Ben Buratta, Artistic Director at Outbox, about LGBT Theatre, HIV and more...

“I wanted to give opportunities to LGBT actors to play LGBT characters and explore facets of their sexuality creatively in a way that often mainstream media and theatre doesn’t allow”

OutSavvy recently partnered with Outbox Theatre and sat down with Artistic Director Ben Buratta for an in-depth chat about LGBT Theatre, HIV and more...

Hi Ben, tell us a bit about yourself and your involvement in Outbox Theatre.

I’m a theatre director and a lecturer at Royal Central School of Speech and Drama. As a gay man working in theatre clearly I am not alone, but like many others it took a long time for me to come to terms with my sexuality and once I had, I wanted to use my work to further explore queer culture and community. I founded Outbox Theatre 6 years ago as a way of making really high quality theatre that engaged with the LGBT community. I wanted to give opportunities to LGBT actors to play LGBT characters and explore facets of their sexuality creatively in a way that often mainstream media and theatre doesn’t allow. I am artistic director of the company which means that I direct productions, run and manage a national outreach programme that works with older and younger LGBT people and support emerging LGBT artists to make their own work. There are so many fascinating stories of the LGBT community that have never been told or have been forgotten and it is wonderful to be able to help these stories be shared with a wider audience.


Your upcoming production, Affection, runs from 13-24 September at The Glory, why should people go and watch it?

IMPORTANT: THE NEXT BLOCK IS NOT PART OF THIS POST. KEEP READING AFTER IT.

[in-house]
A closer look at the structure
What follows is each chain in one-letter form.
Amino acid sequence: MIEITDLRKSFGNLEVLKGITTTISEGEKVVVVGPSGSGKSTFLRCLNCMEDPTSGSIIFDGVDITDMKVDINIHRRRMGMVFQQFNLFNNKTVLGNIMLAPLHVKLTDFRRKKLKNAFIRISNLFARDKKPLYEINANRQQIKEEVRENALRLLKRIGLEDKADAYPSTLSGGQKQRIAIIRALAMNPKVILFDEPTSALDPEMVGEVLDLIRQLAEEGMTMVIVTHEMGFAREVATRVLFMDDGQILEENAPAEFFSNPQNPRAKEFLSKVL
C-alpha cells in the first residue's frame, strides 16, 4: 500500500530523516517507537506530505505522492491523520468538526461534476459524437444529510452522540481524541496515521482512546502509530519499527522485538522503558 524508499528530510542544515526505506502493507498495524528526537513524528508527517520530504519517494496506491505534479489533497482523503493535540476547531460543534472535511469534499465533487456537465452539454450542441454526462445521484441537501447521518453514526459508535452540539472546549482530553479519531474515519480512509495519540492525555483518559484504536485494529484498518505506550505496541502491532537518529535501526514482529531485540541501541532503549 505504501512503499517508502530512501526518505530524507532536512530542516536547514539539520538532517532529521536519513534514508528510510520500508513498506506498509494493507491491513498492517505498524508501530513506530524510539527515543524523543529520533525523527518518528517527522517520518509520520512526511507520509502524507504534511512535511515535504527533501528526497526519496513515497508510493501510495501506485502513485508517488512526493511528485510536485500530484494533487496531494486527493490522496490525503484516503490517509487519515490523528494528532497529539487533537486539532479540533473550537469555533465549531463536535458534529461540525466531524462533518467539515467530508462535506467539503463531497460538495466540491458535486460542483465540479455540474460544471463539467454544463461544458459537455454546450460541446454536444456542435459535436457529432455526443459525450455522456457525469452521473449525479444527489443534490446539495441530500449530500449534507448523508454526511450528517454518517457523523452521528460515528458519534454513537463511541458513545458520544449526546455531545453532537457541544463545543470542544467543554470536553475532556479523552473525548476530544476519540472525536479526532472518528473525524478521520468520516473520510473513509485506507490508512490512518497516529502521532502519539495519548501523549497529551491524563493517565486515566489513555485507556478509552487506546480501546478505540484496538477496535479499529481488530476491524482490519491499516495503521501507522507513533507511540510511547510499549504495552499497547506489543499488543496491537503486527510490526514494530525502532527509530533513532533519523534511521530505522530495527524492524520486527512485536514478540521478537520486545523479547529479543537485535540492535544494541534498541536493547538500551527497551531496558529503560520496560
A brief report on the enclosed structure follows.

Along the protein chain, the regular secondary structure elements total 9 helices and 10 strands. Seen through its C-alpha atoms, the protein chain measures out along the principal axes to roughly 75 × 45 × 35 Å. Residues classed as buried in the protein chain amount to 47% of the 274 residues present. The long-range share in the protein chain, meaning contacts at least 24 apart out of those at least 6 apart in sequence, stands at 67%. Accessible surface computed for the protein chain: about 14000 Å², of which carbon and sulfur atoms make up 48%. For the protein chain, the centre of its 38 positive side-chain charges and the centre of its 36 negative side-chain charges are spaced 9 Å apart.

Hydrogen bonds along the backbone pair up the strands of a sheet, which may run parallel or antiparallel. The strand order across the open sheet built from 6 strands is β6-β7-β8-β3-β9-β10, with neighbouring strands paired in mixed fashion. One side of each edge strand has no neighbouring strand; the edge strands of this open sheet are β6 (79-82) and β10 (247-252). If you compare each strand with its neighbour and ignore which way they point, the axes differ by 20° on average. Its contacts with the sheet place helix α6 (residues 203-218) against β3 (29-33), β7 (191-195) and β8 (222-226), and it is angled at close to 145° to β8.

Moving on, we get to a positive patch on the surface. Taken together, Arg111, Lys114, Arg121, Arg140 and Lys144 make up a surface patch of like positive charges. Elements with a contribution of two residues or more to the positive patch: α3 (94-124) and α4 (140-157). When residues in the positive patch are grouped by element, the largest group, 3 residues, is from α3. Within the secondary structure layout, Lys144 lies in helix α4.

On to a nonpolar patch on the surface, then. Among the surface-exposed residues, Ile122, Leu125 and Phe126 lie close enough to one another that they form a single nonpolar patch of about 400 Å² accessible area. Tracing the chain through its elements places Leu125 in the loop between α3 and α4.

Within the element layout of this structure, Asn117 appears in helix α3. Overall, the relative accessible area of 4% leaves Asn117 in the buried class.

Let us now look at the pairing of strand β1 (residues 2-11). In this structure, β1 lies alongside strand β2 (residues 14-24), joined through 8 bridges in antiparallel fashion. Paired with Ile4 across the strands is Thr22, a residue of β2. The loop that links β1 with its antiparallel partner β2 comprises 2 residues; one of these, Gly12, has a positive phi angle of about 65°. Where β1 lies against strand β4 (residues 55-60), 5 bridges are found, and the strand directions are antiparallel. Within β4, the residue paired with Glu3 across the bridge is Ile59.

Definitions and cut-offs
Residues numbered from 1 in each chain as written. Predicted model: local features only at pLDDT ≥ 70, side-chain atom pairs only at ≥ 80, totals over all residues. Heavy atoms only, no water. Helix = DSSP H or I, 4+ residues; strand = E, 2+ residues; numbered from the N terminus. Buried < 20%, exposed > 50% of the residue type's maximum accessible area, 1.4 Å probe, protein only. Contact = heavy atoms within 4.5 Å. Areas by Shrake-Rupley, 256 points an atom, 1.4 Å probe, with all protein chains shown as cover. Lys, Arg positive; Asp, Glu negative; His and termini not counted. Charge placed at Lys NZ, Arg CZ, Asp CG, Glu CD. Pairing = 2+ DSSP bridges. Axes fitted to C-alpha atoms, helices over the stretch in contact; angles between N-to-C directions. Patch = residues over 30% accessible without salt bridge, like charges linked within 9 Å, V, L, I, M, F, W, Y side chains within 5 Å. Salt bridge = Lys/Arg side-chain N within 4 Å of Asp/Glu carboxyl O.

This is a brand new play that is extremely topical and relevant in a time when more gay men are contracting HIV than ever and the great debate over PrEP is in the mainstream media. The public haven’t seen such blatant homophobia in the right-wing press since Thatcher’s heyday and so it’s about time that we had another creative discussion about it. The show is political in its nature but the stories themselves are very human and are based on interviews that I have undertaken with men living with HIV. We want to make sure that we reflect the breadth of experiences of people living with HIV and therefore the stories are not only sad but they are funny, sexy, honest, and compassionate. Our professional cast are outstanding and are giving incredible performances, we are working with multi-media and a beautiful set to transform the basement of The Glory, acclaimed playwright and screenwriter Jodi Gray has written a powerful and poetic script and our movement director Coral Messam (who once toured as a dancer with queen of the gays, Kylie!) is creating stunning choreography. Above all good theatre is about telling stories well, in new, dynamic, and powerful ways and so should transcend what your sexuality or your status might be. It is also being staged in the coolest pub in London - what more could you want?

People with HIV are still being stigmatised in 2016, why do you think that more gay men than ever are contracting HIV and why is there so much confusion surrounding being HIV positive?